His durability is one of his greatest strengths, but it also causes concern. Pierzynski will turn 37 years old in December, and at some point, conventional wisdom suggests that the sheer bulk of innings he's spent behind the dish is going to catch up to him. Some might look at his second-half swoon in 2013 and think that it's already happening, though there's not necessarily any evidence to suggest that's the case. Still, Pierzynski has followed up a strong .284/.317/.448 first half with a .260/.272/.405 second half.
Pierzynski and his wife Lisa have two children: Ava and Austin. He is active within the community and was named one of the 25 "Heroes of Hope" by the Illinois chapter of the Make-A-Wish Foundation — an organization with which he has been very active. Pierzynski's reputation is well-known; he is often booed by fans and has been voted the "meanest" player in baseball in a poll of 215 players conducted by Sports Illustrated. His teammates, however, will tell a different tale. "Until you play with him, you have a misperception of what he is," former White Sox teammate J.J. Putz told SI's Ben Reiter last year. Putz, Adam Dunn, David Ortiz and Chris Sale are among the former teammates who defend Pierzynski to Reiter, with Sale flatly stating that he never once shook off a pitch selection from his former catcher.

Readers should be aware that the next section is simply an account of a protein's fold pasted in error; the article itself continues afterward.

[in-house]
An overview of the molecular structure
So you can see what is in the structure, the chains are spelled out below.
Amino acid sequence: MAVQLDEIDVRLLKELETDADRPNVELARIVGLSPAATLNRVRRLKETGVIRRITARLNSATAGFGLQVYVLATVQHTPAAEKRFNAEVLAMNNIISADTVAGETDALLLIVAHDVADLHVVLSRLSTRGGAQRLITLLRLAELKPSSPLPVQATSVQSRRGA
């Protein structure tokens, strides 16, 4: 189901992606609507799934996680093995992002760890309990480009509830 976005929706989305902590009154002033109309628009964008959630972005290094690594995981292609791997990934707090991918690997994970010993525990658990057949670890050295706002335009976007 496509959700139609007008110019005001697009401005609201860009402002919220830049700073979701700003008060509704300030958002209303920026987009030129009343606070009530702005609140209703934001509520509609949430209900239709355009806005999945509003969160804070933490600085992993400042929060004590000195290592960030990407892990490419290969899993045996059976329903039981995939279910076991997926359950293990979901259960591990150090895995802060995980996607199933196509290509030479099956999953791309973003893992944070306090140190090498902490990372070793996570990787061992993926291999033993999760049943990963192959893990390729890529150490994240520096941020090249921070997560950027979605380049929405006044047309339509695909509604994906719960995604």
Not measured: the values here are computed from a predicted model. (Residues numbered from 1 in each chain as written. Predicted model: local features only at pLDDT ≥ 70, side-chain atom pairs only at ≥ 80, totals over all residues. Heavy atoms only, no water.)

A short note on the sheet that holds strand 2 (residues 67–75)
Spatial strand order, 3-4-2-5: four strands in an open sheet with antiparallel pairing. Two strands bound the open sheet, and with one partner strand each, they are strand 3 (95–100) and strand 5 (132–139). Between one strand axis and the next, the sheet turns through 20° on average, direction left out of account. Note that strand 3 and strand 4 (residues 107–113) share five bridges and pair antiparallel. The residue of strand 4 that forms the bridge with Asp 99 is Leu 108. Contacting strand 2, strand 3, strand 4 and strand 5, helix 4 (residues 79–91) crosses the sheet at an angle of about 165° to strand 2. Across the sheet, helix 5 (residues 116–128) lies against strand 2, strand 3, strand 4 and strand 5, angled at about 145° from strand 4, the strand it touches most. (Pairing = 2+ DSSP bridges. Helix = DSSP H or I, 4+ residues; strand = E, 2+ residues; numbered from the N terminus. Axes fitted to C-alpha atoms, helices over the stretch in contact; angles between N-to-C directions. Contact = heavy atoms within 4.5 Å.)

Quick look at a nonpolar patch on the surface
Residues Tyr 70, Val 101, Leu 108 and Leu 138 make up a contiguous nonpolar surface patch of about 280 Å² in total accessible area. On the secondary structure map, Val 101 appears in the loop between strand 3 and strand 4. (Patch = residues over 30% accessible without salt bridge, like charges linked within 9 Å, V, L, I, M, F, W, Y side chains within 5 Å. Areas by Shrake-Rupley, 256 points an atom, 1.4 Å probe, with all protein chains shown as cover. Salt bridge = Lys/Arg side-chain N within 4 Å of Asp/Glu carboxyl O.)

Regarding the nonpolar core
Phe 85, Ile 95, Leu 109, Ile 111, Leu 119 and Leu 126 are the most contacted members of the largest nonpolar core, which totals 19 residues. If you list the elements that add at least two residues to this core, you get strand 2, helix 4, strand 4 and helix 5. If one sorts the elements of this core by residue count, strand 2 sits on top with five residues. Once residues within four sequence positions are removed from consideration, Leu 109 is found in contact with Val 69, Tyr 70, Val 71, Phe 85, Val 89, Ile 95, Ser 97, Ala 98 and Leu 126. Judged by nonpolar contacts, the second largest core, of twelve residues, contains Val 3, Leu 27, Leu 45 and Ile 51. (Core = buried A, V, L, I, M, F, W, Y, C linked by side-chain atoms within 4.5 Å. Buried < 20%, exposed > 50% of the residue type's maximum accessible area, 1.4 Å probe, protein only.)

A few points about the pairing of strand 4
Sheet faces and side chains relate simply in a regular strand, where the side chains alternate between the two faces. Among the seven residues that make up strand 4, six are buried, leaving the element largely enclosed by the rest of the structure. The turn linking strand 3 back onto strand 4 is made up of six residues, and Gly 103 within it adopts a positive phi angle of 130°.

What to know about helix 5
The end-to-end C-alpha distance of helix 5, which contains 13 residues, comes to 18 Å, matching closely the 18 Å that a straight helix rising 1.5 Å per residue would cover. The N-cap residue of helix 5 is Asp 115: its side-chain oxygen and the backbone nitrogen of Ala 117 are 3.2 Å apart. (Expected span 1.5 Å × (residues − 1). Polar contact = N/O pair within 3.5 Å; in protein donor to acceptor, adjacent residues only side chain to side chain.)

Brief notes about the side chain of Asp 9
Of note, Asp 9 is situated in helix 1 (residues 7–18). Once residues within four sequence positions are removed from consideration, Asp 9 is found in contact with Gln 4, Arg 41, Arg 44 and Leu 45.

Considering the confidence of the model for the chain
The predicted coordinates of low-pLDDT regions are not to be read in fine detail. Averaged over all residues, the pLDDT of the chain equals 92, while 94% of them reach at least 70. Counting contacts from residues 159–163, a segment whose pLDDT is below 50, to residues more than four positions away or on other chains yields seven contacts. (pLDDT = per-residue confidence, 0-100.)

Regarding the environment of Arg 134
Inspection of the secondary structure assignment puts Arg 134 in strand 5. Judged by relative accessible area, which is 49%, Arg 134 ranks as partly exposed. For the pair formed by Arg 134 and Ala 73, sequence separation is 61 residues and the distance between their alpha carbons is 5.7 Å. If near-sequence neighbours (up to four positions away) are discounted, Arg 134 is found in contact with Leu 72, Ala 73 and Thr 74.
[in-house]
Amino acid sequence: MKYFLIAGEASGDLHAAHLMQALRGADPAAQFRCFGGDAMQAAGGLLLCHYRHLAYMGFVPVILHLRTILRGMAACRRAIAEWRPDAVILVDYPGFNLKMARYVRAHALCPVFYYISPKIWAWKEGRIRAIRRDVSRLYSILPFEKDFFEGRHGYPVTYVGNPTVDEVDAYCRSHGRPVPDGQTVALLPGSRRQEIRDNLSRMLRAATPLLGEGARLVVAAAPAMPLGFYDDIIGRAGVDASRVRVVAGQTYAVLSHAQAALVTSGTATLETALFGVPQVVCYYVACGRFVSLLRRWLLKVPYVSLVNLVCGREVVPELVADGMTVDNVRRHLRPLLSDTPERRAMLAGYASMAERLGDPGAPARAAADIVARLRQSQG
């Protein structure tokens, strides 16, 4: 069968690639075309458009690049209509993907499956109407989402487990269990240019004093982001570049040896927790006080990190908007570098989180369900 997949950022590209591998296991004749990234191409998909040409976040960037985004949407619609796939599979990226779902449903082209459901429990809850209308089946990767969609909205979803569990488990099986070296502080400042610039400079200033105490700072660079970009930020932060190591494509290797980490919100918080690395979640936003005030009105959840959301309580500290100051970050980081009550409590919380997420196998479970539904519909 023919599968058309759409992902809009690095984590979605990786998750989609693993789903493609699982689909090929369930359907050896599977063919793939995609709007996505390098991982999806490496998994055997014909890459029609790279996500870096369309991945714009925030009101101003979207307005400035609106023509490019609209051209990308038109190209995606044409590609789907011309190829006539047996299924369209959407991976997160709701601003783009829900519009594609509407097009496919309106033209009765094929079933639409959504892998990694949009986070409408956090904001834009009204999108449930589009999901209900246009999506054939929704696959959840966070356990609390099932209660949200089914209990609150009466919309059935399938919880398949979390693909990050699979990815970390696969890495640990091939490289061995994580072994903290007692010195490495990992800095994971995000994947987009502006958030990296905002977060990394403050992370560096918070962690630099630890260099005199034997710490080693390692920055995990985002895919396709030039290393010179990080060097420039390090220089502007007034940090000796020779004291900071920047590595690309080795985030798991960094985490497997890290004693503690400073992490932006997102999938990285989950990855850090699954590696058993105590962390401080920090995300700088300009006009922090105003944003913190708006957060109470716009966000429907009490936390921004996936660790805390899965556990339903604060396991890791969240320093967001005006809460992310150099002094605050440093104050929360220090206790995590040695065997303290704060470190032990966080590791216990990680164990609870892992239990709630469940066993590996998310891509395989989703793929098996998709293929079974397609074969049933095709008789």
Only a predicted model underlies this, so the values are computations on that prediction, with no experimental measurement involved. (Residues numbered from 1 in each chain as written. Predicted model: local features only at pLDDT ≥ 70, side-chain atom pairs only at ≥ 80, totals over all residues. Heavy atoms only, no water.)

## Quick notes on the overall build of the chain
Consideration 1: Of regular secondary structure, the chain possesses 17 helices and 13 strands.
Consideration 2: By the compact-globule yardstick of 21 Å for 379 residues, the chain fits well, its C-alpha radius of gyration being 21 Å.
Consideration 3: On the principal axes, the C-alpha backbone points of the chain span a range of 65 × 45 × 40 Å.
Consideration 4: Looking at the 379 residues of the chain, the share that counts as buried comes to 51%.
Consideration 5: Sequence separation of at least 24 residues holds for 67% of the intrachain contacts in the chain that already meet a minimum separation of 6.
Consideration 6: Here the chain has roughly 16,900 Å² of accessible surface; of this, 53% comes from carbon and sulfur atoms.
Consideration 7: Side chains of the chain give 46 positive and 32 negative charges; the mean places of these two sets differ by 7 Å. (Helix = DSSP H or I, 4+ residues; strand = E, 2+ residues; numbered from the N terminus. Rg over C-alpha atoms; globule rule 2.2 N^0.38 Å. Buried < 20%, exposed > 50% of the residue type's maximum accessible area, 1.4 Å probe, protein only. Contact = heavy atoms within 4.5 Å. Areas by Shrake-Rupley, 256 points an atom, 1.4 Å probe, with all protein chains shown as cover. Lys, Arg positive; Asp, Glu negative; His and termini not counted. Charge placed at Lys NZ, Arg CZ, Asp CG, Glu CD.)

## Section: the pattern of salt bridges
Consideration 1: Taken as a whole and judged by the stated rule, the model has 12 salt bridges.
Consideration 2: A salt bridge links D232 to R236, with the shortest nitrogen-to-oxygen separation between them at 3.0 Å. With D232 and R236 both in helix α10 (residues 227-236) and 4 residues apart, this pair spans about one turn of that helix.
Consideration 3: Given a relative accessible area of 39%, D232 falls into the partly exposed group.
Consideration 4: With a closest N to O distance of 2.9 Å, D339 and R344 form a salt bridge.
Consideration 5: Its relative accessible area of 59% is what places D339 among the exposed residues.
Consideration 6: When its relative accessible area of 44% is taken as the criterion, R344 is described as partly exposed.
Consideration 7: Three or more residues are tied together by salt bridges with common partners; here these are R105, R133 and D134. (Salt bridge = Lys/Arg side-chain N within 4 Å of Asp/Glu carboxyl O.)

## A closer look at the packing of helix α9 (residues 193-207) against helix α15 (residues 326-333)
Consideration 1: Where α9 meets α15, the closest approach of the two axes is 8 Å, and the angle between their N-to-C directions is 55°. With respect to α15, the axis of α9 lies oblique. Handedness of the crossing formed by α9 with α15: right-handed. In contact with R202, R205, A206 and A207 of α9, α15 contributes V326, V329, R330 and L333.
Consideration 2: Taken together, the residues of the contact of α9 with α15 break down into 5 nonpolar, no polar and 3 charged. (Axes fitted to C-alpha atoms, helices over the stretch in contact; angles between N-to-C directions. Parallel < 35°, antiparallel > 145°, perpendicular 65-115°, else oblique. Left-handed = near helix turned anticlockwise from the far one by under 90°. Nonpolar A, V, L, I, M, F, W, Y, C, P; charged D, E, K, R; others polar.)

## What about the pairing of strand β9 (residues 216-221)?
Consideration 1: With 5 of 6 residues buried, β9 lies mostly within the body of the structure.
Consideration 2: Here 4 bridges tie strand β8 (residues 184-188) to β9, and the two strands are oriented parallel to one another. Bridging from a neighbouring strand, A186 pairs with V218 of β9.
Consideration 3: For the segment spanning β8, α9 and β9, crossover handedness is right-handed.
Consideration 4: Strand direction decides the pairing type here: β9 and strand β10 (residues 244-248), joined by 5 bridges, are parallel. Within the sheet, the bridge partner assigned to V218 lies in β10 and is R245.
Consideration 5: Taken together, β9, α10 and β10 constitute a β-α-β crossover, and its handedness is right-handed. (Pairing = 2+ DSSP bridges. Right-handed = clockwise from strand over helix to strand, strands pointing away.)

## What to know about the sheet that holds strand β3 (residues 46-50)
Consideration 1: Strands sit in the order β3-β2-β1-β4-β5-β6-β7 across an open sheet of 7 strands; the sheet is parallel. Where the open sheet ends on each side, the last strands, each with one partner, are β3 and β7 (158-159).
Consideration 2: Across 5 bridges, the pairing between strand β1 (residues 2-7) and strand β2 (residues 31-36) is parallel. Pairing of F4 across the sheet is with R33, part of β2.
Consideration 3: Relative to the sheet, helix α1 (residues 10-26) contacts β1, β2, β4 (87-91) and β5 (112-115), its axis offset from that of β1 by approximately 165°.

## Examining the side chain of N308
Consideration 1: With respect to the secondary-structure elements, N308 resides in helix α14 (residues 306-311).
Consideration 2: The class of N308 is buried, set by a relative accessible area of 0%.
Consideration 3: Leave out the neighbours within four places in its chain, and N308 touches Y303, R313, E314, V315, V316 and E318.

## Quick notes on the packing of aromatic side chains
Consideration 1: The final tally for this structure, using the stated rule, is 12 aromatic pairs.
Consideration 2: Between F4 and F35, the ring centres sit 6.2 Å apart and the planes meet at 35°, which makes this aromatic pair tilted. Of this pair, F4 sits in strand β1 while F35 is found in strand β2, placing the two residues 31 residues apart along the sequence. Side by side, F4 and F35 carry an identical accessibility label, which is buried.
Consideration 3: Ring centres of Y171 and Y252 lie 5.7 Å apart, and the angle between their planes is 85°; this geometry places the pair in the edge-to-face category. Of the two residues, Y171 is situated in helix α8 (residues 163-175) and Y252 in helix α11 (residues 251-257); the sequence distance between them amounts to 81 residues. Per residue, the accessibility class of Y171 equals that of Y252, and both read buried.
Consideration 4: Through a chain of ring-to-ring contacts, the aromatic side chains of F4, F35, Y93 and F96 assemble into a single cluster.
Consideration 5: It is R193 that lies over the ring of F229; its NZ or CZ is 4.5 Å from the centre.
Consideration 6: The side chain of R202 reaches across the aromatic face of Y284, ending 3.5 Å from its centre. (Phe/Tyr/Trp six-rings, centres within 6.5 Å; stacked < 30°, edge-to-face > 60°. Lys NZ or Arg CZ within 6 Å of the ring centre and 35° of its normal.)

Catching is as scarce a commodity as there is in baseball, and Pierzynski's durability and power will drum up plenty of interest despite his age and declining on-base skills. He makes his offseason home near Orlando, so it's possible that he'd prefer a team in the southeast portion of the country, though that's admittedly my speculation and hasn't dictated where he's signed in previous years.